‘The conditions of the society in which we live oblige all of us therefore to revise methods, to seek by every means to study how we can bring the Christian message to modern man. For it is only in the Christian message that modern man can find the answer to his questions and the energy for his commitment of human solidarity’…It is absolutely necessary for us to take in to account a heritage of faith that the Church has the duty of preserving in its untouchable purity, and of presenting it to the people of our time, in a way that is as understandable and persuasive as possible.
Pope Paul VI, Evangelii Nuntiandi, 3
What is the value and aim of ecumenical and inter-religious dialogue in the Church today? Can God be fully encountered in other non-Christian cultures and religions? If so, do the missions of the Church still have a purpose?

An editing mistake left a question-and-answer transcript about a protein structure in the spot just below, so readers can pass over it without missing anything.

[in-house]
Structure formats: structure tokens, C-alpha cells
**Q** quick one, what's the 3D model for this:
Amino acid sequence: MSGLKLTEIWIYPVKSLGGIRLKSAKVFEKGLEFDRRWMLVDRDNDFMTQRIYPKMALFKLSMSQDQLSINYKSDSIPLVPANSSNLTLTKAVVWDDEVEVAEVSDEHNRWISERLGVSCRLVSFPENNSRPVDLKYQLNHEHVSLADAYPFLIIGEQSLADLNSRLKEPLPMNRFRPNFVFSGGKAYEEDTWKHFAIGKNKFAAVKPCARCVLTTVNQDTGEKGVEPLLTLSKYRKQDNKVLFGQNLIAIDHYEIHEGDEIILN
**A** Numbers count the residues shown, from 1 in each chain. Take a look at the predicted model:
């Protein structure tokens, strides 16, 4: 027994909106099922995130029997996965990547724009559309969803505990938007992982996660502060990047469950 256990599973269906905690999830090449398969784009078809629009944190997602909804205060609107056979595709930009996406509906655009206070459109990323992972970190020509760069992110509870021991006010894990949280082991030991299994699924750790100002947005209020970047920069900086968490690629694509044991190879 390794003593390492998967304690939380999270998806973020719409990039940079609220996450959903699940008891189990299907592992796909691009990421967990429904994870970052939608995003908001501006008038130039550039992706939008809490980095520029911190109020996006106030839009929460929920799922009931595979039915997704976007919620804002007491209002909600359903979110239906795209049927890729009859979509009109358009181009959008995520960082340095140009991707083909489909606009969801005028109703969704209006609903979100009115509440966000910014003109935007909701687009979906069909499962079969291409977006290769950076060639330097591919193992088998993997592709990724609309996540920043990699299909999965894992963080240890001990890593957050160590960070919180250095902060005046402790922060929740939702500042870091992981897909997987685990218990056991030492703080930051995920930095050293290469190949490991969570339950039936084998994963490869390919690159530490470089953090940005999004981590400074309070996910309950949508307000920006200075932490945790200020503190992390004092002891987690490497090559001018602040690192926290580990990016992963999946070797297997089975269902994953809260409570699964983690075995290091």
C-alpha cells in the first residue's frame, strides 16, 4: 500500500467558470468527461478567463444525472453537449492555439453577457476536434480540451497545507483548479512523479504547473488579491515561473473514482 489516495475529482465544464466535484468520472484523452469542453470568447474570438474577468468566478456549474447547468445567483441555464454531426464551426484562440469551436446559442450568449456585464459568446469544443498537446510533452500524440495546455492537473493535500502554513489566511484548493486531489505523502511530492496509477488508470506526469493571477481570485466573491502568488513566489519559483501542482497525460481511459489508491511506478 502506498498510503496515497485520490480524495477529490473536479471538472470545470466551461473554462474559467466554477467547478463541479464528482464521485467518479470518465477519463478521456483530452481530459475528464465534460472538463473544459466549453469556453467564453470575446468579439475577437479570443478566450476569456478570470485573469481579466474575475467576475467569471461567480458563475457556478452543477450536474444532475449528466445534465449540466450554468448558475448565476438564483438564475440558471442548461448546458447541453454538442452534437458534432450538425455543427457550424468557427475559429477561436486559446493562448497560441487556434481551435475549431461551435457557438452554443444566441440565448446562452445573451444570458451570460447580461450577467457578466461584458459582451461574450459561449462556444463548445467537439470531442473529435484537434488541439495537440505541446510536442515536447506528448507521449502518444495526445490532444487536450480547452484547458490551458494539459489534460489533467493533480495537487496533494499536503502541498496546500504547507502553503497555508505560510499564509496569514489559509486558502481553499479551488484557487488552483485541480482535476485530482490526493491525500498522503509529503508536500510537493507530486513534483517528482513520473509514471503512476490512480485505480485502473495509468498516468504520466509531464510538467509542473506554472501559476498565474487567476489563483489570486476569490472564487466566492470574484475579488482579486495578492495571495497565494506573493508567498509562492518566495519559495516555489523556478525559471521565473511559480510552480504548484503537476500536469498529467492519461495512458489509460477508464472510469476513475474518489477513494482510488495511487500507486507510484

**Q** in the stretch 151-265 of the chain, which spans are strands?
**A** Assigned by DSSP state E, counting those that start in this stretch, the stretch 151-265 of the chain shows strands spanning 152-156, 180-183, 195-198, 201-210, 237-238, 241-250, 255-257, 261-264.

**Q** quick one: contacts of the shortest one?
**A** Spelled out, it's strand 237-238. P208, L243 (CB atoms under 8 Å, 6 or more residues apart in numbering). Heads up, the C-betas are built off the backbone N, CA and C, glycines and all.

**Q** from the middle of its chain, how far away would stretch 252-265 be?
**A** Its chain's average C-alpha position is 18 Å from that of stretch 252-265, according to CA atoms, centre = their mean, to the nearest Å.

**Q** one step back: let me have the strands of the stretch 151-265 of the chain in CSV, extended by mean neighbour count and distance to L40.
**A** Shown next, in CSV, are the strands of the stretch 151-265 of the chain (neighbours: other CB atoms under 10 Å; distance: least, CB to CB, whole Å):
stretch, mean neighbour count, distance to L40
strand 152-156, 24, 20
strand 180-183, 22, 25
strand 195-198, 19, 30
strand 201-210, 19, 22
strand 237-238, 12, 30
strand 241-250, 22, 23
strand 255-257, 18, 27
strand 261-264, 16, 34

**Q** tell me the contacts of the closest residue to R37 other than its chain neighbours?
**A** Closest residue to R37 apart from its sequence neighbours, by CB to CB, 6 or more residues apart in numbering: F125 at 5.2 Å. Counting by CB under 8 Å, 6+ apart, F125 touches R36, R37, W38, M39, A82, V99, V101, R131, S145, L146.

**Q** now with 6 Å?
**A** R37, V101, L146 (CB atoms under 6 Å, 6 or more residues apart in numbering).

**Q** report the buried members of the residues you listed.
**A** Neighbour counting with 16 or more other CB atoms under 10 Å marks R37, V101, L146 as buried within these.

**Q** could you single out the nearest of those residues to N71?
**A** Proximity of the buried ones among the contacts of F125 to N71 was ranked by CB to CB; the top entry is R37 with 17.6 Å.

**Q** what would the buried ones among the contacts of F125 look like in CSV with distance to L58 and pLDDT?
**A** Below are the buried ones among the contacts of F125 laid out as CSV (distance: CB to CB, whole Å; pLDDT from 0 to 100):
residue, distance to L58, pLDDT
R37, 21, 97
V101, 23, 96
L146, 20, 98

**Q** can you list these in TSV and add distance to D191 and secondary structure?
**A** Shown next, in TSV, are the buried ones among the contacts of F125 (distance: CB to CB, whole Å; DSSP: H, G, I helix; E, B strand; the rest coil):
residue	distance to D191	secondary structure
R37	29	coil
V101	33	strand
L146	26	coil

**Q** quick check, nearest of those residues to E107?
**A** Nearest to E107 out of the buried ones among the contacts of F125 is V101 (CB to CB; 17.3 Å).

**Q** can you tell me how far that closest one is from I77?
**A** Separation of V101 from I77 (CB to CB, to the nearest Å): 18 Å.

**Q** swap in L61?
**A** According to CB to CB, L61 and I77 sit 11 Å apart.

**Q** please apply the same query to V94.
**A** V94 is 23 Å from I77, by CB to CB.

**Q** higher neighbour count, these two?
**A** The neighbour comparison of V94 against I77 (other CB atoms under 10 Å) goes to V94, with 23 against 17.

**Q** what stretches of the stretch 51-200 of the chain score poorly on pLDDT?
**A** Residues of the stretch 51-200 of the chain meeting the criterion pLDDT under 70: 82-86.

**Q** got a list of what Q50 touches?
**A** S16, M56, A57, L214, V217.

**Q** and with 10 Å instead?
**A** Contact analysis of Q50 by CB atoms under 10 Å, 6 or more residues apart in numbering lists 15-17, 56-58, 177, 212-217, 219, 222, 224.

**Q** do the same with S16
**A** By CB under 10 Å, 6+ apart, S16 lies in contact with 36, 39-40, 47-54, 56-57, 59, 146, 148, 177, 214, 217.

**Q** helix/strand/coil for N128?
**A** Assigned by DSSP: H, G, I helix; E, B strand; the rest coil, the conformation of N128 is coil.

As the Pope whose pontificate began during the Second Vatican Council and extended for thirteen more years after the Council, Paul VI was given the vital task of interpreting and implementing the conclusions of the Council during a crucial period of time in the Church. He strove to use dialogue as a bridge to bring the Good News of Jesus Christ and encourage non-Christian religions to strive after the transcendental truth which every human being possesses the capacity of knowing.
In Missionary Pope, Carlos Walker illustrates how Pope Paul VI provides a clear and solid body of doctrine on inculturation which serves as an invaluable tool for missionary activity, an urgent vocation of the Church at every moment in history. These principles of evangelization are based on the “semina Verbi” (the seed of the Word) which may in fact be found in both religions and cultures. Hence, through dialogue the Church ought to deal with those seeds wherever God has planted them, and “uncover” them in the religious traditions of the peoples and among the nations.